“Budget planning is a lengthy, multi-faceted process with resource needs identified through observations and recommendations from officers, through the work of the council and its committees through discussions between councillors and their groups. The 20/21 budget proposals have evolved from continuous discussion since the new council was elected in May last year.”

“The council has come together in its ambition to be better prepared to do more in the coming years whilst being mindful to keep it increases in the precept to a minimum through reallocation of reserves and changes to working methods.  All members have had every opportunity to meet with officers and each other to speak out and offer informed opinion. Collaborative working and cross-party agreement has subsequently resulted in a budget that has not required opposition and debate.”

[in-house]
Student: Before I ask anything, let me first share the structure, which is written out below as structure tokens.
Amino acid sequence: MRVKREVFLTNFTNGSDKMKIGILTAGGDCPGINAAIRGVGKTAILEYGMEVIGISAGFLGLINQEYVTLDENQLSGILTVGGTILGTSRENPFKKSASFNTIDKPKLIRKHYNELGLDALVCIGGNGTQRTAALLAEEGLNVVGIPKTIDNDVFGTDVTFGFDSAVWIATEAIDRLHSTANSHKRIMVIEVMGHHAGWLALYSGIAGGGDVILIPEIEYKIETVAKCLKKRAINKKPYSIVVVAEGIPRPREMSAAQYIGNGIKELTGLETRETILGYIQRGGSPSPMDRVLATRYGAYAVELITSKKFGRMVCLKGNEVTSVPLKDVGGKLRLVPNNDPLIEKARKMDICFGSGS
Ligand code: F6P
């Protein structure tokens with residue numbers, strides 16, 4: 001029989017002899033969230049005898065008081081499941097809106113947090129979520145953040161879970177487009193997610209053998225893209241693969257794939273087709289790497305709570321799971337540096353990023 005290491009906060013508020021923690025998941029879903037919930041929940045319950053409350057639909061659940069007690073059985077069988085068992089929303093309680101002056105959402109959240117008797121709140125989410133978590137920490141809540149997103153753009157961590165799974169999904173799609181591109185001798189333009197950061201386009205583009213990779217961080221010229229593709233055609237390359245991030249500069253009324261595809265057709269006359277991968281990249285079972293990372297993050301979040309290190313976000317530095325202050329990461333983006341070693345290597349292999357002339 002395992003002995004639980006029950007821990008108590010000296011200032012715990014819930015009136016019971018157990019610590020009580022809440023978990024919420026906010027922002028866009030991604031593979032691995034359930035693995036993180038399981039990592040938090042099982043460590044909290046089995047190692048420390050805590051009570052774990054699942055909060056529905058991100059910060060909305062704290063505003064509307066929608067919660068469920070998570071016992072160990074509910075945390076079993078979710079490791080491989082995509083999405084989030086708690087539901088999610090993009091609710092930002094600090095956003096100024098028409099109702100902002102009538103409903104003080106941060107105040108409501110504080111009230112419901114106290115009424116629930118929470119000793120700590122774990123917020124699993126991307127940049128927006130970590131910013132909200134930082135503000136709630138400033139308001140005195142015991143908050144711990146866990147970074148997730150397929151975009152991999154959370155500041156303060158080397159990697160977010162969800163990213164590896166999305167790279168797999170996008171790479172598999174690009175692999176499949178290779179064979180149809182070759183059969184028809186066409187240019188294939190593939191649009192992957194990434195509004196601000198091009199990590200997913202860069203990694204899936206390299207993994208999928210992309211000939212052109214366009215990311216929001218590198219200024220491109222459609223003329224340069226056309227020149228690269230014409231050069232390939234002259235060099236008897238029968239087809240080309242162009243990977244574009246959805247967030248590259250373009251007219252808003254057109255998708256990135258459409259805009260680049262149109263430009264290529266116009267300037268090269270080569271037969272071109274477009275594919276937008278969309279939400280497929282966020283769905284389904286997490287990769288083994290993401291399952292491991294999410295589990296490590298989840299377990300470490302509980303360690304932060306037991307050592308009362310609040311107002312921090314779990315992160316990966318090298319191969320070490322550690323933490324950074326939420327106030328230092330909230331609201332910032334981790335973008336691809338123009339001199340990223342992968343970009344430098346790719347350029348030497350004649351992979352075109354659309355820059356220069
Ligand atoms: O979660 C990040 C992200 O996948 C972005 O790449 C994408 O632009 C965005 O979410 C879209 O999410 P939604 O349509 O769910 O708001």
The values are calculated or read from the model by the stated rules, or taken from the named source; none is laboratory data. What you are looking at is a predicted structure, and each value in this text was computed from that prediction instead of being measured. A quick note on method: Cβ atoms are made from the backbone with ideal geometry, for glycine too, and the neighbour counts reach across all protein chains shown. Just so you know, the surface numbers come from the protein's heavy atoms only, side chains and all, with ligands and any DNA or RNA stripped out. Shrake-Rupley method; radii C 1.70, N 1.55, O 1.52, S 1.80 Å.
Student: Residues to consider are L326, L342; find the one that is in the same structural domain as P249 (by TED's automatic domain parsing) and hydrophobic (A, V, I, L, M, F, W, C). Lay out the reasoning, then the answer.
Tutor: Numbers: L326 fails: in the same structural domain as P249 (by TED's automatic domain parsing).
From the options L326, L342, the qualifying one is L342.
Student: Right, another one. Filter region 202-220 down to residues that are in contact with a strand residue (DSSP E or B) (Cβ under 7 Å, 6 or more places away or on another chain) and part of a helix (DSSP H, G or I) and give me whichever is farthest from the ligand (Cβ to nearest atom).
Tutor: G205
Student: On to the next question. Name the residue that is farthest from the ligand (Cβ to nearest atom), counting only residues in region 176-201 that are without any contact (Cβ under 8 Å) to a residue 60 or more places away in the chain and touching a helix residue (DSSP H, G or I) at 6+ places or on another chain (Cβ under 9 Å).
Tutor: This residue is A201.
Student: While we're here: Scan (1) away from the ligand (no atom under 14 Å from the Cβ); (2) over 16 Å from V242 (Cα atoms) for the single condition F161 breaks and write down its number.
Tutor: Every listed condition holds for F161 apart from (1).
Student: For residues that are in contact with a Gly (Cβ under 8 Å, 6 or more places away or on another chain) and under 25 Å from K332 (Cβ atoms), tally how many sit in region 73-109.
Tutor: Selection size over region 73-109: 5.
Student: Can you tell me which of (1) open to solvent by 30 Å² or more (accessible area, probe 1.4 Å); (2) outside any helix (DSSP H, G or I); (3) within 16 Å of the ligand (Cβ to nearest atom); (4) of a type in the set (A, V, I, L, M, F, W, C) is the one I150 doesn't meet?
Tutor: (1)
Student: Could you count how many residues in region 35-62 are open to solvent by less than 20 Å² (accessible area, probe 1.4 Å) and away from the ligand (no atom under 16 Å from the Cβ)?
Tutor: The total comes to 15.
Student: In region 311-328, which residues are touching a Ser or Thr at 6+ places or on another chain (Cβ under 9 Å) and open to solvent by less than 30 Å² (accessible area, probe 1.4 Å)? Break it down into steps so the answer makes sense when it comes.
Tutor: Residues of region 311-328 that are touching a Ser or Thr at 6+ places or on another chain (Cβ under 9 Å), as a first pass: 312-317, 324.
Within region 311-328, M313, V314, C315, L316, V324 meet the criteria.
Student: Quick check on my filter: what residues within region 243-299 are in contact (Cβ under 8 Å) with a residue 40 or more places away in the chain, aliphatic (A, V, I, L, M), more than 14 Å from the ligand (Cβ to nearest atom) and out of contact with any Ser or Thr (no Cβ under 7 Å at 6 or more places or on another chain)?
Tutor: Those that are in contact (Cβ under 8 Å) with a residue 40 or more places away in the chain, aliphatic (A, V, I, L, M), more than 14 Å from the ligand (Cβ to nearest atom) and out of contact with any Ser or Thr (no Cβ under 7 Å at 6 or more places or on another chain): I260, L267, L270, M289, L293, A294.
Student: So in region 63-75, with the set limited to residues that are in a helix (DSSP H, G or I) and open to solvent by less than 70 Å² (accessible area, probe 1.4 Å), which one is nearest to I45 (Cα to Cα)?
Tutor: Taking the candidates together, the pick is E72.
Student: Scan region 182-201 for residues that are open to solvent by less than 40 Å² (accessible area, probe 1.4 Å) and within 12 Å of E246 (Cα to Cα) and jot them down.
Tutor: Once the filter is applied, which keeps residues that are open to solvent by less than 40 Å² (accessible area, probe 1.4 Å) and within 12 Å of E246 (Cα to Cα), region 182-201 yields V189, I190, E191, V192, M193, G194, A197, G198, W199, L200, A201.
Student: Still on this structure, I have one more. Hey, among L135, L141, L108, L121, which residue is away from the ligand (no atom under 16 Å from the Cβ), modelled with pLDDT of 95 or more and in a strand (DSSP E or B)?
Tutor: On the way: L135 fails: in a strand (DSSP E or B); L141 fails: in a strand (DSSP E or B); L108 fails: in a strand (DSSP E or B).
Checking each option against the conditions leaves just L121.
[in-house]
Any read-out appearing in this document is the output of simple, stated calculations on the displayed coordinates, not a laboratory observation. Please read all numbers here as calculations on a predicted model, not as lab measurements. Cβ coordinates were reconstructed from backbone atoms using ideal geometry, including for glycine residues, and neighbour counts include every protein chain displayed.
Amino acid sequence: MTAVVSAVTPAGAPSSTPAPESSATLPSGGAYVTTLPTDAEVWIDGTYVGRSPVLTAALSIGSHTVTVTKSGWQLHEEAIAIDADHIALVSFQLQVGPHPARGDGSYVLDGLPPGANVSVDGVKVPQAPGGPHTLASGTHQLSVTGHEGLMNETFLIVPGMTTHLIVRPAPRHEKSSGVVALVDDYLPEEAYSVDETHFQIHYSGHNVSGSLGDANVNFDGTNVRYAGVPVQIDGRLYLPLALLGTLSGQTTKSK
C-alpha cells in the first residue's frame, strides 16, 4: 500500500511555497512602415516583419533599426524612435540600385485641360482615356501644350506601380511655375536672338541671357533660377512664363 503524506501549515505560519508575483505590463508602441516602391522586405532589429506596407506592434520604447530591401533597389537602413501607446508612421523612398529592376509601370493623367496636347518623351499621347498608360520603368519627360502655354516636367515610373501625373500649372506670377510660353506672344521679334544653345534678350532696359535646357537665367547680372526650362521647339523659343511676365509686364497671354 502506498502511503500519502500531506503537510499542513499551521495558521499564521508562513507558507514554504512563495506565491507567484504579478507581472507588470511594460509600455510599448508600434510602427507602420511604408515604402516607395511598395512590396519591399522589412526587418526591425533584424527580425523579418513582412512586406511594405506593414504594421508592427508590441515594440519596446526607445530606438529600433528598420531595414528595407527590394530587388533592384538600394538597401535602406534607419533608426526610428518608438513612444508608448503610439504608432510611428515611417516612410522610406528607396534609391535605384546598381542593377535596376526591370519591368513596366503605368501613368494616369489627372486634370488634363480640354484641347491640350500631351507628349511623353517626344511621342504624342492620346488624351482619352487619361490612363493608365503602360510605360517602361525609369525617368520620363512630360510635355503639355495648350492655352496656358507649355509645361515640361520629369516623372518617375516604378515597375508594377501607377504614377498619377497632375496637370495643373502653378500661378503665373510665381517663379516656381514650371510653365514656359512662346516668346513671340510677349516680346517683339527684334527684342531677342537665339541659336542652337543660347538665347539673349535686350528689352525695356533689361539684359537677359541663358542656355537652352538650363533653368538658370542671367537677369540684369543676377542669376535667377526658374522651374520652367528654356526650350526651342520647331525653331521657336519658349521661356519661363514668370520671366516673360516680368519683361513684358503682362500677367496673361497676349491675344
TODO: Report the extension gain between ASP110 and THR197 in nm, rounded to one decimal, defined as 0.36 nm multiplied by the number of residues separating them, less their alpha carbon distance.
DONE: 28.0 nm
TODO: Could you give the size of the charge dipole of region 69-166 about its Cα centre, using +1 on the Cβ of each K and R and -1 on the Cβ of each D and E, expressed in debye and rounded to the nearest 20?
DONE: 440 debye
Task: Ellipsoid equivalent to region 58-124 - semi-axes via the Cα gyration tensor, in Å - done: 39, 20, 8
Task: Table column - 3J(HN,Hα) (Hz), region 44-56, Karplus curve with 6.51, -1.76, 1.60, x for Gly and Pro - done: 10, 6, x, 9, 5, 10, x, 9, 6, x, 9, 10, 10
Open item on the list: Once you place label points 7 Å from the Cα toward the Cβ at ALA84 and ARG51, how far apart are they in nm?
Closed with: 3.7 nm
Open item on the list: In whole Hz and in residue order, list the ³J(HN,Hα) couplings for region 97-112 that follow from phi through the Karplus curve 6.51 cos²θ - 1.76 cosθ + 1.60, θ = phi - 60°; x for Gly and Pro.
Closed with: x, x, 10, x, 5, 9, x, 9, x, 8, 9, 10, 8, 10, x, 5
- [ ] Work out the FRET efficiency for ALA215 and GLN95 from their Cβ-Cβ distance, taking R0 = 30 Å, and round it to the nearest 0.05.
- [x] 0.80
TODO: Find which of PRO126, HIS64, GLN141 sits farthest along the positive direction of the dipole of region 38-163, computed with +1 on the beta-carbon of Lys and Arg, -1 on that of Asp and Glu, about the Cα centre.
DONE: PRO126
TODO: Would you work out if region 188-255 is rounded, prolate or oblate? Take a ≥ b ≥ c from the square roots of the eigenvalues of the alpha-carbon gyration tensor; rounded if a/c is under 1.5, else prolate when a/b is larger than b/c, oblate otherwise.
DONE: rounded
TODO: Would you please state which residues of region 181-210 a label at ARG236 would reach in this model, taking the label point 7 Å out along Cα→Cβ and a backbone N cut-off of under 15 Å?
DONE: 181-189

Cllr Helen Groves said: “I have had a long-standing concern that the primary focus of this council is focussed on our budget being geared towards our building and staffing. When it comes to delivery of service and value to the public, there is very little capacity within these budgets for that. We are increasing the budget relating to staffing, and the function of the council to deliver better service, but there’s no capacity for that to happen.”

“Where is the value to the council tax payer who is struggling? We know people are increasingly struggling, we know that Sedgemoor are taking more enforcement actions because people cannot pay their current council tax bills, so it is incumbent on us to justify why we are making such a large increase and how we are going to measure the success.”